(Reuters) - Virginia’s prison system has violated the constitutional rights of inmates by holding them in solitary confinement for years, according to a lawsuit filed on Monday that alleges the practice can result in hallucinations and suicidal thoughts.
The class-action complaint was filed in U.S. District Court in Richmond, Virginia, by the American Civil Liberties Union on behalf of a dozen prisoners who have been in solitary confinement for two to 24 years. But the practice is widespread and often used as punishment for minor infractions of prison rules.
After entering solitary confinement, prisoners are put on a “step-down program” that Virginia says enables them to rejoin the general prison population if their behavior improves.
The lawsuit said, however, that the program was a sham, designed to keep inmates locked away simply to make better use of the available space in the prison system.
“It’s this sort of Kafkaesque, never-ending cycle of being trapped in solitary confinement, not achieving perfection,” Amy Fettig, deputy director of the ACLU’s National Prison Project, said by phone.
The Virginia Department of Corrections did not immediately respond to a request for comment.
While the ACLU has challenged the use of solitary confinement in other states, the Virginia case is the first to take aim at the step-down program, Fettig said.
The 98-page lawsuit, filed by the ACLU of Virginia and the White & Case law firm, said that by keeping the men in long-term solitary for more than 20 hours a day, the state was in violation of a 1985 consent decree in which it agreed to end the practice.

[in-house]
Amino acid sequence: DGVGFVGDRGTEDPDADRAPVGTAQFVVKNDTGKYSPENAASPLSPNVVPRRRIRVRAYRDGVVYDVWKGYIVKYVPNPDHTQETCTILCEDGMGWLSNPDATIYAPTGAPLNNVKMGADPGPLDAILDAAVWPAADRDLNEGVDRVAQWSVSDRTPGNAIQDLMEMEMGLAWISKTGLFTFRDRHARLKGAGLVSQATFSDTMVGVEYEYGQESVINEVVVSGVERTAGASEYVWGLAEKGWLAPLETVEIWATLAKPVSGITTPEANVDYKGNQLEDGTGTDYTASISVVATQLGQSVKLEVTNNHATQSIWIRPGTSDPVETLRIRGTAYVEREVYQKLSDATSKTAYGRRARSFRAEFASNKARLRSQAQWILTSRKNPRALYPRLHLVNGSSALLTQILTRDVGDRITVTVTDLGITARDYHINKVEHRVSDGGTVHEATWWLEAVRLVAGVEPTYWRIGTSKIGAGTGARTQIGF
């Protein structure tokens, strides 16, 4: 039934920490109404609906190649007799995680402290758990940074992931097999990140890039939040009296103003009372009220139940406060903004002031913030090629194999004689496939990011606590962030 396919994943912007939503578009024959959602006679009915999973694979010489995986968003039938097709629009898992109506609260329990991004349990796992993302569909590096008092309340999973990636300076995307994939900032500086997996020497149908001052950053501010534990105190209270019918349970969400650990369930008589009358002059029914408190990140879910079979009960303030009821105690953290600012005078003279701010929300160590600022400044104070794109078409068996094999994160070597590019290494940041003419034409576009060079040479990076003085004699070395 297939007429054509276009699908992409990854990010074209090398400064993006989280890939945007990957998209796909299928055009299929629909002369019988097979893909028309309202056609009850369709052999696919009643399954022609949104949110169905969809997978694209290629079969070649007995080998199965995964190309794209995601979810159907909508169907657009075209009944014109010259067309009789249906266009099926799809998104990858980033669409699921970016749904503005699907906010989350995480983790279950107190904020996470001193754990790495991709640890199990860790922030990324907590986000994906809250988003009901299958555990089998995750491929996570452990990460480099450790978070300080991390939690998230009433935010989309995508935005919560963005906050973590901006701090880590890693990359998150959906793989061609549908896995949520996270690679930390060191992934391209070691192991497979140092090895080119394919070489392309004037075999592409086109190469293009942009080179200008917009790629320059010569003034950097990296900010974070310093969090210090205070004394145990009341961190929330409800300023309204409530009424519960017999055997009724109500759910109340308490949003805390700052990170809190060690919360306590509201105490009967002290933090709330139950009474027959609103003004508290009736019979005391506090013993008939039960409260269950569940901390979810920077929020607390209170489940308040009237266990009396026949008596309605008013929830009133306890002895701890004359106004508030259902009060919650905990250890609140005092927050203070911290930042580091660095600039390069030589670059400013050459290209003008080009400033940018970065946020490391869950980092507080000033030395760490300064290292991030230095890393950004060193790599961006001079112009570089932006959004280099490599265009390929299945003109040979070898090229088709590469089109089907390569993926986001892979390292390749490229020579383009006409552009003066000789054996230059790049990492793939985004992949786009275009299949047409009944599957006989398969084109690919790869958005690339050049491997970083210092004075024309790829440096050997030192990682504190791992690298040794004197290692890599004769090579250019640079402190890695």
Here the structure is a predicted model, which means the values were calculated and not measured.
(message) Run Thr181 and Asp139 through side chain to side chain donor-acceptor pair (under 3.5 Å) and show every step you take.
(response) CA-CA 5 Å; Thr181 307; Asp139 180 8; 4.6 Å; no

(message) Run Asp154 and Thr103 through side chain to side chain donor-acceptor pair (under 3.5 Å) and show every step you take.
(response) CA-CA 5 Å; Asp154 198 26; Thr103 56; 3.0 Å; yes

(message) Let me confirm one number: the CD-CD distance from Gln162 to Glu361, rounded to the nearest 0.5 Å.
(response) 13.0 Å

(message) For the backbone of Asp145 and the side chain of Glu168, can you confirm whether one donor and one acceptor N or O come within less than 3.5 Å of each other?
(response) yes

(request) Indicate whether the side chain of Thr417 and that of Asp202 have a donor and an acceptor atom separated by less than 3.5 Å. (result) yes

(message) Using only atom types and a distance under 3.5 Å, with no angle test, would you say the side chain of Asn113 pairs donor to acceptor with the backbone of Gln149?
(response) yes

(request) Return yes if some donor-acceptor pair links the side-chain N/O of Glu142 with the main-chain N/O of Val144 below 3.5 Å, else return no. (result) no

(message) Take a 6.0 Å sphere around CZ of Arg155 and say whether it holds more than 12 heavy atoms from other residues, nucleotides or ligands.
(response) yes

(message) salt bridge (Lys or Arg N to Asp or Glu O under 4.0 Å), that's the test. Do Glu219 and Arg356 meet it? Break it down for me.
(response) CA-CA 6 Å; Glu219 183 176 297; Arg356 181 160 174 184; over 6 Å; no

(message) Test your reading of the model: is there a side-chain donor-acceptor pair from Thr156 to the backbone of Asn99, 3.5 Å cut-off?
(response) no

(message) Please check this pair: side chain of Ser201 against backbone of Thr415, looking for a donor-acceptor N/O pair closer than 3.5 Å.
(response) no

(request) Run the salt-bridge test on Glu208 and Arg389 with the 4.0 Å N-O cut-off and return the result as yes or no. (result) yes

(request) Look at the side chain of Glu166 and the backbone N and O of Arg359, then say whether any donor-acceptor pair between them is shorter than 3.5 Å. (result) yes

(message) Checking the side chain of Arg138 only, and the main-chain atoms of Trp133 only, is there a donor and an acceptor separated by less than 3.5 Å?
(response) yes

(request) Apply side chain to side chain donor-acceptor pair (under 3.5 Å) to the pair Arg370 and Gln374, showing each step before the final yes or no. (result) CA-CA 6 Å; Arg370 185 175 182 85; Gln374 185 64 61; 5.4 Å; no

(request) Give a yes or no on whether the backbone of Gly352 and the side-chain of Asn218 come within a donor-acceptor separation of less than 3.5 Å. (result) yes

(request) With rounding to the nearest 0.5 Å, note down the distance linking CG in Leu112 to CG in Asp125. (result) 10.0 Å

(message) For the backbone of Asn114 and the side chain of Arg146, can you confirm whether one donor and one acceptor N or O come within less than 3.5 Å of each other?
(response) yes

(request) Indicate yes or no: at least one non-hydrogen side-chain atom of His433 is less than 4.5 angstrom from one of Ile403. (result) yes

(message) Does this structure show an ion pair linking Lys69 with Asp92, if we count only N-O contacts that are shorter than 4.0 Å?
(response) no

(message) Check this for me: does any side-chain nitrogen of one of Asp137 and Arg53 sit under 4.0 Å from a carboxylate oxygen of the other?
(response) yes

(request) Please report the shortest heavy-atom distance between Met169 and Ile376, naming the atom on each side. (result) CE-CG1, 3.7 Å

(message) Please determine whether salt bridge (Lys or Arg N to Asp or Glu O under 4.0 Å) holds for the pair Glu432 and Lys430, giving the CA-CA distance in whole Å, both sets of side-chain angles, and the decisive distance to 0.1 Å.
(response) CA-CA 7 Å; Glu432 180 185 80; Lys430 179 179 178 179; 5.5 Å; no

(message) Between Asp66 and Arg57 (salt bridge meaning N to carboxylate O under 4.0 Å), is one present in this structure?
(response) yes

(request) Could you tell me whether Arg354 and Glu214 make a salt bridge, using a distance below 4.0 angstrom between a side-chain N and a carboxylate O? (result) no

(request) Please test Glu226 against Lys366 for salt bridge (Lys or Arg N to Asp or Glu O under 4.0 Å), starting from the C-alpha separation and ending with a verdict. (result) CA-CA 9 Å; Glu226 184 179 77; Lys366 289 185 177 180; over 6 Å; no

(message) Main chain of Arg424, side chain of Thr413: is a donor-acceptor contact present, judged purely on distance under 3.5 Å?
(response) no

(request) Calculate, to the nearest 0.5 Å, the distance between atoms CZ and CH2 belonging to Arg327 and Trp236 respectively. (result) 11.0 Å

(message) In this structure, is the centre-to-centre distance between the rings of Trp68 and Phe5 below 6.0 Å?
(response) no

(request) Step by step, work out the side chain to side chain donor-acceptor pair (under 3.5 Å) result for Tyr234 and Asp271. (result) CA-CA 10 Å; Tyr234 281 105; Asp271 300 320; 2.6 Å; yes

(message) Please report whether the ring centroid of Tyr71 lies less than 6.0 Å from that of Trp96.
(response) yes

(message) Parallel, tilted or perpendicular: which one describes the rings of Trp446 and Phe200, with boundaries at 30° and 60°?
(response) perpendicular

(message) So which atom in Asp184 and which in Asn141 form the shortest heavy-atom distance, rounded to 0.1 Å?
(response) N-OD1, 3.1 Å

Prisoners in solitary often experience weight loss, auditory and visual hallucinations, emotional distress, post-traumatic stress disorder, severe sensory deprivation and suicidal thoughts, the lawsuit said.
It added that the state also violated the prisoners’ constitutional protections against cruel and unusual punishment and their rights to due process of law.
The lawsuit asked for the abolition of long-term solitary confinement and the step-down program and that the court appoint a special master to oversee the effort. It also asked the court to award the prisoners with unspecified compensatory damages.
Virginia’s twin super-maximum-security prisons, Wallen’s Ridge and Red Onion, currently make use of solitary confinement, the complaint said.
Reporting by Peter Szekely in New York; Editing by Frank McGurty and Peter Cooney